(Cancer sucks, but that’s not much of a spoiler)
For a long time I tried to think of humans as just another animal, albeit one with advanced alien technology that allows it to kill other animals en masse and domesticate the ones it thinks are yummy. This hopefully happens in my brain to cope the heinous acts humans often do since, after all, we’re just selfish animals trying to live. This is also why I sometimes make the claim to be happy for the existence of diseases- they keep our numbers in check and prevent us from overpopulating the world and annihilating it. This does not go over well at parties where most people have lost someone to disease and no one is interested in such morbid and callous ideas.
Unfortunately such callous detachment only works well if you’re capable of maintaining it. Until recently, no relatives or friends of mine had been the victims of a disease. That made it easy for me to make stupid dumb arguments that evoked horrible memories of loss and grief for many people I care about. Then my maternal grandfather was diagnosed with cancer a few years ago and although he lived beyond his diagnosed life expectancy his slow death remained difficult for my mother and sisters, and to a lesser extent, myself. And even then a major part of why his death was difficult for me was because, through my limited knowledge of cancer, I was aware that genetics plays a large role in a person’s susceptibility. Therefore my grandfather’s cancer was just a signal of my potential future cancer.
This led to my reading of Siddhartha Mukherjee’s Biography of Cancer, thinking that if my fear was based in what I didn’t know about cancer if I learned more about the disease I could quell my fear to a large extent. Thankfully, at the close of four hundred and seventy pages, that and more transpired in me. I developed, at least for the moment, what lots of books would like to provoke- compassion for others. In the case of this book, compassion for patients of cancer and the people who work to limit its detrimental effects (my own mother included) on others. From his astoundingly moving and well-cited text, Mukherjee uses his personal experiences as a clinical oncologist as a through-line in a centuries spanning story about the frustrations, chance revolutions and defeats in the lives of medical researchers, oncological clinicians, patients, pharmaceutical scientists and disease advocates.
One decision Mukherjee makes that allows his writing to flourish is the structure of his text. Rather than a chronological tale that details innovations in each time period, most chapters are based around an oncological discovery or roadblock and the persons and groups involved. This allows the narrative to flow well and remain understandable even in those sections where Mukherjee’s chemist side overtakes the page and he provides minute chemical and biological details that may interest some, but left me waiting for his return to another section about the personalities involved in cancer research or one his patient’s cancer narratives.
Also notable is the amazing amount of research involved in this text, which lends Mukherjee’s take on the more monumental moments in cancer history believability and immersion that would otherwise be absent. Particularly, when writing about the roles of Sidney Farber and Mary Lasker played in cancer research and advocacy, Mukherjee’s use of their journals and other primary resources gave me the opportunity to experience the frustrations they often encountered throughout their “War on Cancer.”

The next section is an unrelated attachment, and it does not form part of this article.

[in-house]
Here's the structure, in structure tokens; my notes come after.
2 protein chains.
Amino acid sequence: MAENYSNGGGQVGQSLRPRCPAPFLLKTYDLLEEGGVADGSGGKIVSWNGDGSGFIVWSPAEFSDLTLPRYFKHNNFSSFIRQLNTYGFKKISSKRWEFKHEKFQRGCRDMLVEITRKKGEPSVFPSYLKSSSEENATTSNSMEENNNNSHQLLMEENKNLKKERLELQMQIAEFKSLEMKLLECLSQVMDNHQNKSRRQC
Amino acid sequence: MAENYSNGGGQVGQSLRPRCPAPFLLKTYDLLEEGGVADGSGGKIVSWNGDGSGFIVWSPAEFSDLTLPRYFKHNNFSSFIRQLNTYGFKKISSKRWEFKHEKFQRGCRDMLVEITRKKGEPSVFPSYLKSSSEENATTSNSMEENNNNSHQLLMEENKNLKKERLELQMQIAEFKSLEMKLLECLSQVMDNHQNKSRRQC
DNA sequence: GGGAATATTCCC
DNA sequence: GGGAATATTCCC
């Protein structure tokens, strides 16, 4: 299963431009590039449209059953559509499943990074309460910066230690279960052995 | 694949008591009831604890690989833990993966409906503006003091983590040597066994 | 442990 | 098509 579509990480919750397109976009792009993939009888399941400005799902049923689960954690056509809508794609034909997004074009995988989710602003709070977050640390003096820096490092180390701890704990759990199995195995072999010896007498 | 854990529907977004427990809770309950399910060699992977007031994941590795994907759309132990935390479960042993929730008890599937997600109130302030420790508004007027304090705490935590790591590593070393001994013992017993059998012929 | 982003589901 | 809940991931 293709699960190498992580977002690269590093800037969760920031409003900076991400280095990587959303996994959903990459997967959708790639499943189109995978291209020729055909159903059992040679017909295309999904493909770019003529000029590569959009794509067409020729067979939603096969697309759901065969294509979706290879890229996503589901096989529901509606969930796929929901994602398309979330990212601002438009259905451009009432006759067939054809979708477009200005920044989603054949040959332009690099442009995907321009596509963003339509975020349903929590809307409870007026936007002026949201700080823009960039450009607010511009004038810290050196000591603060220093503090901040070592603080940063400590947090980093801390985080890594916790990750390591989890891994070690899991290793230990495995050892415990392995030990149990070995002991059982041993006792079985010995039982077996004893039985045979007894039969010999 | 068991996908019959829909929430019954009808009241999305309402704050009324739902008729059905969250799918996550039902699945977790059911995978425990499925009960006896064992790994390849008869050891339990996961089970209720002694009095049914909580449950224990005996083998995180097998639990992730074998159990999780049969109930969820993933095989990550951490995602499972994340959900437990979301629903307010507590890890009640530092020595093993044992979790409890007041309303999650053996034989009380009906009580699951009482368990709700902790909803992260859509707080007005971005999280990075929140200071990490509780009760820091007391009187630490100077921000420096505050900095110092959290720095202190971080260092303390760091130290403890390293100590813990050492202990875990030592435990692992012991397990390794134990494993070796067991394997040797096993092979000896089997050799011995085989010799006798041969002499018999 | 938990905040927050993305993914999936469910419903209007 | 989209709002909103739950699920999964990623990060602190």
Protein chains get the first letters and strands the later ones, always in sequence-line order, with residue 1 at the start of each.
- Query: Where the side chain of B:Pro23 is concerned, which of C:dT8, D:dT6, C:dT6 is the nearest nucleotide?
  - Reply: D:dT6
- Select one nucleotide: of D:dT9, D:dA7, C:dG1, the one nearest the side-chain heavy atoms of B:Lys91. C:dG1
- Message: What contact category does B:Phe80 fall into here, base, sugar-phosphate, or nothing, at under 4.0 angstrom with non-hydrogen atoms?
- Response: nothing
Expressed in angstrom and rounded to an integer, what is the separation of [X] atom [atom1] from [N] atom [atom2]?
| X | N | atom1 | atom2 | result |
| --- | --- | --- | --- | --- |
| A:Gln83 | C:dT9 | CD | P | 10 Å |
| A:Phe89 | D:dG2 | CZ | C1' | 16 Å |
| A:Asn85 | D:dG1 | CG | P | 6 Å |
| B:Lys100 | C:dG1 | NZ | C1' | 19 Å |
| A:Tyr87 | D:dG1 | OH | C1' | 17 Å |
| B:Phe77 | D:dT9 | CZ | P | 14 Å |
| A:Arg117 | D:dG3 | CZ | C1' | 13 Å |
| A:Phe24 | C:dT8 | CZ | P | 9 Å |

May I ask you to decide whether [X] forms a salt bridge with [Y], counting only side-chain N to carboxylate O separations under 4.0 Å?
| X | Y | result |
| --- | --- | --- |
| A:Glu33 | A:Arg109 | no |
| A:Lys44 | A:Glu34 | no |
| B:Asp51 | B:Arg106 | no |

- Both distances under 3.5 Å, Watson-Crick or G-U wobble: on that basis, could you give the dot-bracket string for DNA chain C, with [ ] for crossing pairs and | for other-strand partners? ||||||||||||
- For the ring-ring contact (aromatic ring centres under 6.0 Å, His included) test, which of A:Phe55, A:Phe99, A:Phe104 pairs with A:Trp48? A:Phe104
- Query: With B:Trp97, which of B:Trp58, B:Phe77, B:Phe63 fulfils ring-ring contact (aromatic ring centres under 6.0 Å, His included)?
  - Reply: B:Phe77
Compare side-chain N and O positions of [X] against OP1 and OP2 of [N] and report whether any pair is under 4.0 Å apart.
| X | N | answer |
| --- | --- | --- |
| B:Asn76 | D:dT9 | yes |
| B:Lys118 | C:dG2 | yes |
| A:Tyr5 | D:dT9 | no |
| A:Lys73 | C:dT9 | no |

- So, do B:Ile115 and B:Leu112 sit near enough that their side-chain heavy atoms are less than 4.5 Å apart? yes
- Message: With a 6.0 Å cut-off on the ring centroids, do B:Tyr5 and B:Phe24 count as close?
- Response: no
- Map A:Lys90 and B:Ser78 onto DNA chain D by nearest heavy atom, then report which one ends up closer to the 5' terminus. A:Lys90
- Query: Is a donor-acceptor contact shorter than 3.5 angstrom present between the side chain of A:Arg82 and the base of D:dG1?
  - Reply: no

The book does becoming confusing at times, but that’s mostly when several scientific developments are occurring closely together and not much unpacking is done. Also, the book provides a section of photos three-fourths through the text that come out of nowhere and although very interesting, the photos could have benefited by being put in context of the relevant textual sections, but I figure that’s due more so to the book’s production and editing than the author’s decision to isolate these amazing, and often graphic, images.
What I most loved about this book is how much hope it gave to me about humanity’s future. Not a future where cancer no longer threatens us (Mukherjee states near the end of the text that cancer will most likely continue its mutation as treatment options continue to progress), but a future where progression continues. If challenges make life worth living, then cancer proves the ultimate challenge. It’s disappearance is unlikely, but if we keep pace with it and use our wits we can ensure that each generation continues to stand a chance against our distorted mirror selves.
Read this book if you’d like to test your cold dead heart for signs of life or want to gain some perspective on humanity’s struggle with one of oldest enemies- bureaucracy.
FB Status Worthy Quotes From the Texts
“If the history of medicine is told through the stories of doctors, it is because their contributions stand in place of the more substantive heroism of their patients.” (148) I spoke to my mom about palliative cancer care twice while reading this book and she still remembers her first cancer patient’s fight with cancer and recalls it as a source of strength.
“Our encounter with cancer has rounded us off; it has smoothed and polished us like river rocks.” (338) Perhaps the most romantic way to think about cancer. It keeps us in check.
“History repeats but science reverberates.” (466)
“There is another moment [besides discovery]- its antithesis- that is rarely recorded: the discovery of failure.” (146) In addition to the content of this quote, I just love the syntactical magic happening here.
Check out the Vine video below for a peek at next week’s Book Impression…book.